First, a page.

Is obsolescence becoming obsolete?

Today, Apple announced new MacBooks and MacBooks Pro (that’s right, I said MacBooks Pro). And I couldn’t care less.

I’ve got an 18-month-old Unibody MacBook Pro that I’ve dirtied, scratched, scraped, dropped, dented, and abused. And I honestly think it’ll be my main machine for at least 12 more months. And this is coming from a guy who used to upgrade every 6-8 months. What gives?

For one, I have an iPad. At 1 GHz and with 256MB of RAM, it sounds like it’s a ten-year-old computer, which is why you don’t see Apple bragging about the specs. But nobody really cares. I do nearly half of my computing on this machine now, and don’t find many occasions to open the laptop unless I’m at work.

Second, I bought an SSD. Forget gigahertz, the new standard is MBps. (And that’s even for those of us who care about such measurements.) Most people don’t yet realize that the reason they constantly see spinning beach balls isn’t that their computer is too slow, it’s that they’re relying on slow, inefficient, and increasingly crashy hard disks for storage.

After 2 failed hard disks in 3 months (admittedly, one was because I dropped my laptop), I opted for the Crucial RealSSD C300. It’s arguably the fastest SSD out there right now, and at $700 for 256GB, definitely in “early adopter” territory. Still, I would much, much rather have this upgrade than a new MacBook Pro. In daily life, things that took minutes now take seconds.

And it’s a confluence of these factors is breaking the traditional notion of “obsolete”. The tasks you ask of a computer are often small, like playing YouTube videos or word processing, and these are easily within the grasp of my iPad. But even the most demanding tasks like running Photoshop or editing a video can be done quite effectively on a 3-year-old laptop.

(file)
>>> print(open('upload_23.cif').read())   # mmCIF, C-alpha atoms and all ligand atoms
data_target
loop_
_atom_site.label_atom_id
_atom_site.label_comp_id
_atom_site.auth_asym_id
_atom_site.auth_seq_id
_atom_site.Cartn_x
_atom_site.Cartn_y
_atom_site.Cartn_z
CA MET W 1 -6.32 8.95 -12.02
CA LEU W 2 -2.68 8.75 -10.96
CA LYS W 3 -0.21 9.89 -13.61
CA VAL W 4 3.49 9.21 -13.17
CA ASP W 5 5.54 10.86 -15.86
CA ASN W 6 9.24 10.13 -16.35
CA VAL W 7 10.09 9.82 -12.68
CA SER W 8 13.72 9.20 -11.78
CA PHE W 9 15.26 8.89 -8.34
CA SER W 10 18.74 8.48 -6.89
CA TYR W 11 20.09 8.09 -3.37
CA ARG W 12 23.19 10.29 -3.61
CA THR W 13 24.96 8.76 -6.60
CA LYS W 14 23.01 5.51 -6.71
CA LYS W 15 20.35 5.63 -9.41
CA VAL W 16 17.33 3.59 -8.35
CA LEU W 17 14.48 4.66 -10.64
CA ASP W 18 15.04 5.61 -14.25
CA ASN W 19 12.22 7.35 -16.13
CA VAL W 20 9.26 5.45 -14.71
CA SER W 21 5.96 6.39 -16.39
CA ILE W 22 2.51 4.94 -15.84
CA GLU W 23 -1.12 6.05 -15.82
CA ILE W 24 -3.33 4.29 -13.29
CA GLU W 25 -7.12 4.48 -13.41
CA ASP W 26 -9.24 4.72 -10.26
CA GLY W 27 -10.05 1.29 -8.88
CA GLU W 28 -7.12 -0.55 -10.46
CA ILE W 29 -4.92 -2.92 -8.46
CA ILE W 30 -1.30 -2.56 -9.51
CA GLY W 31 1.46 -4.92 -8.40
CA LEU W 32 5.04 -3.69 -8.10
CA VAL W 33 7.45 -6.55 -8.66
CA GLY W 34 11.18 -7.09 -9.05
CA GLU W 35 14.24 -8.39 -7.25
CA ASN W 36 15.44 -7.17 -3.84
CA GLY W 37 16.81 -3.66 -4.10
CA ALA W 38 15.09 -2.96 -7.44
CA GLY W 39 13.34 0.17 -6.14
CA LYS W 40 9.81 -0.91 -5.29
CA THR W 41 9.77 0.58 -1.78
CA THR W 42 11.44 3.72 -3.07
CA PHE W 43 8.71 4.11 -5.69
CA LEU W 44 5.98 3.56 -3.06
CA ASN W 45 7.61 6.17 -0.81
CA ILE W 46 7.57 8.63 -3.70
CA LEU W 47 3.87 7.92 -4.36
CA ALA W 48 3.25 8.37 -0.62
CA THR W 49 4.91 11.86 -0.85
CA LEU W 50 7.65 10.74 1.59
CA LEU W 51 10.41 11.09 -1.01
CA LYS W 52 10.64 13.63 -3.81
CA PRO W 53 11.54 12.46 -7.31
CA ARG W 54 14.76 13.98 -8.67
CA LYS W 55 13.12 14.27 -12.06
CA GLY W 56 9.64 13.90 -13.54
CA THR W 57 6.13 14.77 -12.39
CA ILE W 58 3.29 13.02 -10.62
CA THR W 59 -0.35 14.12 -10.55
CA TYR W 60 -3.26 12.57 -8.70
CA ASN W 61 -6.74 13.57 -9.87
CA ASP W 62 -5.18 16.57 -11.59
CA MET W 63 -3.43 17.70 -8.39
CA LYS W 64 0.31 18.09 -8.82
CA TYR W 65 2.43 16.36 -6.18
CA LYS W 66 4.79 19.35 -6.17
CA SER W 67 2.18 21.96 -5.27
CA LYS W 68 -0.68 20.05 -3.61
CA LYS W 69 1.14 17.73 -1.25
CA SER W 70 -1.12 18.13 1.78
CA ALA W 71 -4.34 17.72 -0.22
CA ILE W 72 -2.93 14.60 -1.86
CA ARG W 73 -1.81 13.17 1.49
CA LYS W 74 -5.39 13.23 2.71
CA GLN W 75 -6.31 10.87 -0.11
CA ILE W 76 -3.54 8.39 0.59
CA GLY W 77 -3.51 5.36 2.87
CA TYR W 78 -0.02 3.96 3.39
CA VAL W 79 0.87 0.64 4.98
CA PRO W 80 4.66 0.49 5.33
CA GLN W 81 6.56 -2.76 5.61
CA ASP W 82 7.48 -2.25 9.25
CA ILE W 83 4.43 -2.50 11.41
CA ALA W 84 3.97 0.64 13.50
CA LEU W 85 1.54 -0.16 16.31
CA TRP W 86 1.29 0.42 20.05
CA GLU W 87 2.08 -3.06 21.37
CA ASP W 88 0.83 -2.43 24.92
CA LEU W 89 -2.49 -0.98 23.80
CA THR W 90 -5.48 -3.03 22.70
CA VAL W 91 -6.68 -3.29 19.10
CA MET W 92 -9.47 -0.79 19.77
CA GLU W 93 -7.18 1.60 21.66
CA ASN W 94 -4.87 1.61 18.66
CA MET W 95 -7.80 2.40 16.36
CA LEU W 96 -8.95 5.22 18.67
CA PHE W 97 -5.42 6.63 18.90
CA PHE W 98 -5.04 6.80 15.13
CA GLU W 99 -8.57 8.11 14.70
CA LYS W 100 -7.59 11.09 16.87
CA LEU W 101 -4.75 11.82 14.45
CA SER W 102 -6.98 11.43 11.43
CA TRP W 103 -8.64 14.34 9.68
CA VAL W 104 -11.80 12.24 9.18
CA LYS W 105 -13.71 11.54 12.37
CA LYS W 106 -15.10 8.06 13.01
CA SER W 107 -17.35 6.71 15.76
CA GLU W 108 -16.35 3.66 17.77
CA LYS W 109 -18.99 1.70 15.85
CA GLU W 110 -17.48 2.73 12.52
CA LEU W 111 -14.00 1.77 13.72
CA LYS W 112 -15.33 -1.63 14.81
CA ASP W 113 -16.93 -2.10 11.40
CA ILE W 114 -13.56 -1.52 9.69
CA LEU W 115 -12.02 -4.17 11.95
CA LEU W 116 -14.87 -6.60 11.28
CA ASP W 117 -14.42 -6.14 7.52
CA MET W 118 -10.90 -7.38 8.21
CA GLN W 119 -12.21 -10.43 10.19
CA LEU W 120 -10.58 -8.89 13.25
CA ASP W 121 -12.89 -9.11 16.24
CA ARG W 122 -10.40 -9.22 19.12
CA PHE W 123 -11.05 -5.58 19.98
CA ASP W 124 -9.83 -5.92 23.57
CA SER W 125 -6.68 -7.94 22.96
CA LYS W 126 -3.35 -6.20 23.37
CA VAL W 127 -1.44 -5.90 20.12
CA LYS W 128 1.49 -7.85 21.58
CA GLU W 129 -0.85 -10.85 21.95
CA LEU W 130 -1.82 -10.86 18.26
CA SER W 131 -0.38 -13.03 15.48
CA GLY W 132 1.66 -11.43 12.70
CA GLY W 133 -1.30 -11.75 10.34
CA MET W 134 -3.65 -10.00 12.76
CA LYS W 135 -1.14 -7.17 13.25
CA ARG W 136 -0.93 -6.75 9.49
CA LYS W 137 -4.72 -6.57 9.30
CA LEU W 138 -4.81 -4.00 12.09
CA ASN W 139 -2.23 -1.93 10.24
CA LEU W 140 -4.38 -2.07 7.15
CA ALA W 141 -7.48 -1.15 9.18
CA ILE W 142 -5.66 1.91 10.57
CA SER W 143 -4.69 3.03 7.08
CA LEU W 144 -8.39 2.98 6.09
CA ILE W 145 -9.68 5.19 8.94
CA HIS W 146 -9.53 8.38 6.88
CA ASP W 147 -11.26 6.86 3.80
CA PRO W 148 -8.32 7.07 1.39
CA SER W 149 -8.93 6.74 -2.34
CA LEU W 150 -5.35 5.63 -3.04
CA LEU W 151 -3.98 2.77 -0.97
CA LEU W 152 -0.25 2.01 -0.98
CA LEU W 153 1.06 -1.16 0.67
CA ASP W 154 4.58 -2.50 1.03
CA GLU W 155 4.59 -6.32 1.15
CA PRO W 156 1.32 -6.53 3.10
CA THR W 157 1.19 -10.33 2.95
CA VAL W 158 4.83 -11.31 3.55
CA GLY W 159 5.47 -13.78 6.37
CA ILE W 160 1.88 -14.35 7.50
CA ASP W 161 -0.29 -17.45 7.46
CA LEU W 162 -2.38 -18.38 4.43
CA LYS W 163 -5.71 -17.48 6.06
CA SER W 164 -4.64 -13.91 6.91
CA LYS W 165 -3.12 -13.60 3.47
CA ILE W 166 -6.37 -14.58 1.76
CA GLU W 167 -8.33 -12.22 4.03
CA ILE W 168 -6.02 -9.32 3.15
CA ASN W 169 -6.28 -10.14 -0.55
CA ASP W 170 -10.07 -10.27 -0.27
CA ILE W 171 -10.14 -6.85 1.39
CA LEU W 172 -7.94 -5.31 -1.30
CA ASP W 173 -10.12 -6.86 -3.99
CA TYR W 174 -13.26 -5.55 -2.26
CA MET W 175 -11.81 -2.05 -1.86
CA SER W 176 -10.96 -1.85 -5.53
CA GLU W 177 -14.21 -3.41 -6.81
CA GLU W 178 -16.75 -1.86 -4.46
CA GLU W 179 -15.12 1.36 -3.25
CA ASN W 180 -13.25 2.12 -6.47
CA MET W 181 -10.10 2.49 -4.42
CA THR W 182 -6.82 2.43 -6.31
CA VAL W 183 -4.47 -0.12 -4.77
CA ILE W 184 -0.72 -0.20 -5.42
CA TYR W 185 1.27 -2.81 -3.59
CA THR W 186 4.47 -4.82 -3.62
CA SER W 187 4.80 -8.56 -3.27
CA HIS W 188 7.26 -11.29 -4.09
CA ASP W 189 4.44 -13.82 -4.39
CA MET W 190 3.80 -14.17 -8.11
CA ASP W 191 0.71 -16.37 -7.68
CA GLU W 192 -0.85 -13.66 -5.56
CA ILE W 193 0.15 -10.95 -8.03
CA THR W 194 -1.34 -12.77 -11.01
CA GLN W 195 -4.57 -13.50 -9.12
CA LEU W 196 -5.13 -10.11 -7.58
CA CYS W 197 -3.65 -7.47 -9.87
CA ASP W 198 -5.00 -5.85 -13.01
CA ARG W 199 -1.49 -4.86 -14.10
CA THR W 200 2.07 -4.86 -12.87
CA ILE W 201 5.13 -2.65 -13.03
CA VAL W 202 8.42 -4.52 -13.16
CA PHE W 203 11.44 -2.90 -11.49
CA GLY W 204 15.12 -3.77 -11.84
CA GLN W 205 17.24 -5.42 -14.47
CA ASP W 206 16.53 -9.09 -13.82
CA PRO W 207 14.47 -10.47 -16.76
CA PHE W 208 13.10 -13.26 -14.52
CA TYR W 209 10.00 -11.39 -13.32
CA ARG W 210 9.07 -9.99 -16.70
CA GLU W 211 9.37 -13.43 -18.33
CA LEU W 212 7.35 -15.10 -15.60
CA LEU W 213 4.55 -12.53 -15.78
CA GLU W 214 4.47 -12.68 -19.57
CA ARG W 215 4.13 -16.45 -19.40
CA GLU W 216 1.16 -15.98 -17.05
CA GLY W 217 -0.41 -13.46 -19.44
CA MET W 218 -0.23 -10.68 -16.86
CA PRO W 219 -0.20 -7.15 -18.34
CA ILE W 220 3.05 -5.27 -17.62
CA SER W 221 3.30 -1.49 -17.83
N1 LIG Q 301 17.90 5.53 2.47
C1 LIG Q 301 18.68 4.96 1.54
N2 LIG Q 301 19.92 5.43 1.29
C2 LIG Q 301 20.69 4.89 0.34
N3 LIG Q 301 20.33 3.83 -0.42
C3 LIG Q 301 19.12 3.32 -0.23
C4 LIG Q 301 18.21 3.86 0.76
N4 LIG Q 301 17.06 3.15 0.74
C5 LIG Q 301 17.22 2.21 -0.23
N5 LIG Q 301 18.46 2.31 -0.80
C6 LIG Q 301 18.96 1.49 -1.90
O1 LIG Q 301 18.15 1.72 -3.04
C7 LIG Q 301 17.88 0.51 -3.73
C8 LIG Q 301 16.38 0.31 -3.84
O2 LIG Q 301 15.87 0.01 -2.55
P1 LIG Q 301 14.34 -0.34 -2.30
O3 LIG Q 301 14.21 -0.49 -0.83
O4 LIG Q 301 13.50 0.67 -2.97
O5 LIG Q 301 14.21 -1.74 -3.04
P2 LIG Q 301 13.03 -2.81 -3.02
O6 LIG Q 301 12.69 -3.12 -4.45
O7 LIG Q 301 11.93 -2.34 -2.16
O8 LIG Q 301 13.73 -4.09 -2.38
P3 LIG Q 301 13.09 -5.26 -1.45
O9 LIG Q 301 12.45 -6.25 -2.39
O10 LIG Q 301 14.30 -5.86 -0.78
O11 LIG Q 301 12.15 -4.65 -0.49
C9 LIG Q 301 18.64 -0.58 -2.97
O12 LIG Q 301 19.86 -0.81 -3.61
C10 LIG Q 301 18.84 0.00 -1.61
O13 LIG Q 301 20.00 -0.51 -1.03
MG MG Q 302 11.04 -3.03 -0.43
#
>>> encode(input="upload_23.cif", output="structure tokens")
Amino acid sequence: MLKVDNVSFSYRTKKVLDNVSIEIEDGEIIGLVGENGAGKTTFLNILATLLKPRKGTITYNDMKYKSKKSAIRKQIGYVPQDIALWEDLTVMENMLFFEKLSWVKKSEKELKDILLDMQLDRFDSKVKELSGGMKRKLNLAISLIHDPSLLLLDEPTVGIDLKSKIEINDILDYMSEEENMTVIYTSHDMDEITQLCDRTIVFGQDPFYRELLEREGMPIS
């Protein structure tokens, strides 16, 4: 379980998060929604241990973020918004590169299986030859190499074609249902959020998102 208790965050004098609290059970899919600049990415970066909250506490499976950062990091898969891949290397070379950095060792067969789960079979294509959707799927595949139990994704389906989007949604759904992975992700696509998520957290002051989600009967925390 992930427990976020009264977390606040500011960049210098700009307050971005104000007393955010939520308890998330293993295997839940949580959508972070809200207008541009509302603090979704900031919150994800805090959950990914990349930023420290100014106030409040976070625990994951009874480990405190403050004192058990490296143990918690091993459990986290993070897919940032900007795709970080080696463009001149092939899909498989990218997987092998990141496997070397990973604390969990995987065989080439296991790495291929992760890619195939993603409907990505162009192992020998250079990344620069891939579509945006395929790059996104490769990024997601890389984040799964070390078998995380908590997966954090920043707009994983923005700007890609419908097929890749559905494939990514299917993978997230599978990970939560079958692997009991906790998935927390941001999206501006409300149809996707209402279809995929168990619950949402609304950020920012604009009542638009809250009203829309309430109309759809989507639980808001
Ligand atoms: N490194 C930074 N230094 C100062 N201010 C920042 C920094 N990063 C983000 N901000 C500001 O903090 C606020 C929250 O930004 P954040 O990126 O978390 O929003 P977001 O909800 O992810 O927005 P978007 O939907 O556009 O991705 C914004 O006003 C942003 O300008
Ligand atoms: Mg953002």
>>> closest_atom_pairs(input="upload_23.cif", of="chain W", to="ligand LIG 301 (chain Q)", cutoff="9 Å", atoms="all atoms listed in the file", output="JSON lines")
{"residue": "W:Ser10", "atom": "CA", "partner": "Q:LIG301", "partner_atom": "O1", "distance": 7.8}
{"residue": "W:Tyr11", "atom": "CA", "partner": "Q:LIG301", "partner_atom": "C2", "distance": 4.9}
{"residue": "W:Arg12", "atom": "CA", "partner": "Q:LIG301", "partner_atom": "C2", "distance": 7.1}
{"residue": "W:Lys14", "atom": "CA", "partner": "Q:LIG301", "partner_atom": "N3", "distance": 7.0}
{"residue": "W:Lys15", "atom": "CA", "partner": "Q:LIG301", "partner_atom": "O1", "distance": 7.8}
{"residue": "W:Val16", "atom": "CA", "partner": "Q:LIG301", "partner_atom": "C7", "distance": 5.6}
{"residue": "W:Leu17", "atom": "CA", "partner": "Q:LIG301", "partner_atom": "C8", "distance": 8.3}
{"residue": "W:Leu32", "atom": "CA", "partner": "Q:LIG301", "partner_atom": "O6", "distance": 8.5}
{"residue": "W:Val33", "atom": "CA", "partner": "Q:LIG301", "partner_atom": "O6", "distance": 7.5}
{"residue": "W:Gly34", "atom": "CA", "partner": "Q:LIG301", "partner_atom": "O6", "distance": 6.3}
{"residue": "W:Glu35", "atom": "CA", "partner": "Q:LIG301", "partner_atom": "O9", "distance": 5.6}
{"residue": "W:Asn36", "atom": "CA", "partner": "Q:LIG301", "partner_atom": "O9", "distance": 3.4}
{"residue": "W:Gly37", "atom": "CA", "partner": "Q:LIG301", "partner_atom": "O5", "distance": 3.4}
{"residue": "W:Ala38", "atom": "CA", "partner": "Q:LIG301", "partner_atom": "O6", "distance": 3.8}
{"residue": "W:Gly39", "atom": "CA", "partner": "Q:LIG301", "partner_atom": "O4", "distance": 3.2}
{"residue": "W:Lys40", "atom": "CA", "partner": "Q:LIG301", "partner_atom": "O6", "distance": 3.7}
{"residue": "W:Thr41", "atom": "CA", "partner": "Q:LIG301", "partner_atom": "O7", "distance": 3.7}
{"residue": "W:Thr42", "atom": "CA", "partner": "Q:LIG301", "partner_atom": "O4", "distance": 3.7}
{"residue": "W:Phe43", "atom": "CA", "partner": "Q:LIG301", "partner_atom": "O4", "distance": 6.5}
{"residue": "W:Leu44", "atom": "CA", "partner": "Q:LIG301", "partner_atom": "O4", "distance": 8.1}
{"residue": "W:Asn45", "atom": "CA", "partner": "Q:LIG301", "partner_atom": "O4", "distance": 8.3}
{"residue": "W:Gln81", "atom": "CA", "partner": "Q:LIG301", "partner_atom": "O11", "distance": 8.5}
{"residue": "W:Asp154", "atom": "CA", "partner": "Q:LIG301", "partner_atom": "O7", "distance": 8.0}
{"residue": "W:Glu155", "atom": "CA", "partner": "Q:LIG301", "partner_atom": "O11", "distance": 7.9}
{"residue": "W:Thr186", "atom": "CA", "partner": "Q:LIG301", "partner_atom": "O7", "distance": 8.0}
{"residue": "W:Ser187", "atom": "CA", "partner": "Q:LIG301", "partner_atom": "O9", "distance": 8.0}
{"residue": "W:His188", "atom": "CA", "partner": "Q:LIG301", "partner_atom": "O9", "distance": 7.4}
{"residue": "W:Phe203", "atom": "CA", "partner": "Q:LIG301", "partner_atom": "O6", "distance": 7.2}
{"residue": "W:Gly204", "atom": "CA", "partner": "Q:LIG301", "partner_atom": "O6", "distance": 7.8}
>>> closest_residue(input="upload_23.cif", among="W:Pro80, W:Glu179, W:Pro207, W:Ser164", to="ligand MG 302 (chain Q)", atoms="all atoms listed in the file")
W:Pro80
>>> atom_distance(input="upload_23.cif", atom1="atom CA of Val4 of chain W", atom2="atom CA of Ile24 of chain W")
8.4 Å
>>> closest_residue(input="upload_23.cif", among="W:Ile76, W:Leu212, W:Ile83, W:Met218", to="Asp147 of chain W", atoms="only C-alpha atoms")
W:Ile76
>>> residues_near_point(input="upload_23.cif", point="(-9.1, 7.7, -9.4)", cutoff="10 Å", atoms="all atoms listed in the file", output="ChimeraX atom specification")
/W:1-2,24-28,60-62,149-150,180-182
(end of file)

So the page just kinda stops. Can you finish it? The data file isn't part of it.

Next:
Do you remember a time when you cared about how many colors your monitor could display? It used to be that there was so much we wanted to display on a computer, but our hardware could only render one color, then sixteen, then 256, and then thousands. Then, about 10 years ago, we settled on “millions”, and never thought about it again.

I think that this time is approaching with processor speed. The gap is wider between “benchmarked speed” and “real-world speed” than ever. The Core i7 technology excites my inner geek, and I’d love to convert some video with it. But that’s not what I do on a day-to-day basis.

Intel has made the new processor inside the new MacBooks faster by a factor of two, by many benchmarks. But in the real world, my life would not improve by a factor of two. My “computing quality of life” might increase by 5%. That’s odd, because my solid state disk had a much bigger impact than 5%, and the vastly-less-powerful iPad has improved my computing life by at least a factor of two.

We’re now focused on removing bottlenecks like disk speed (using solid state disks) and RAM (by using 64-bit software to address more than 4GB), or even interface elements (think eliminating the mouse). My computing life is much faster, more efficient, and more fun than it was 18 months ago, and it has nothing to do with there being “Intel inside”.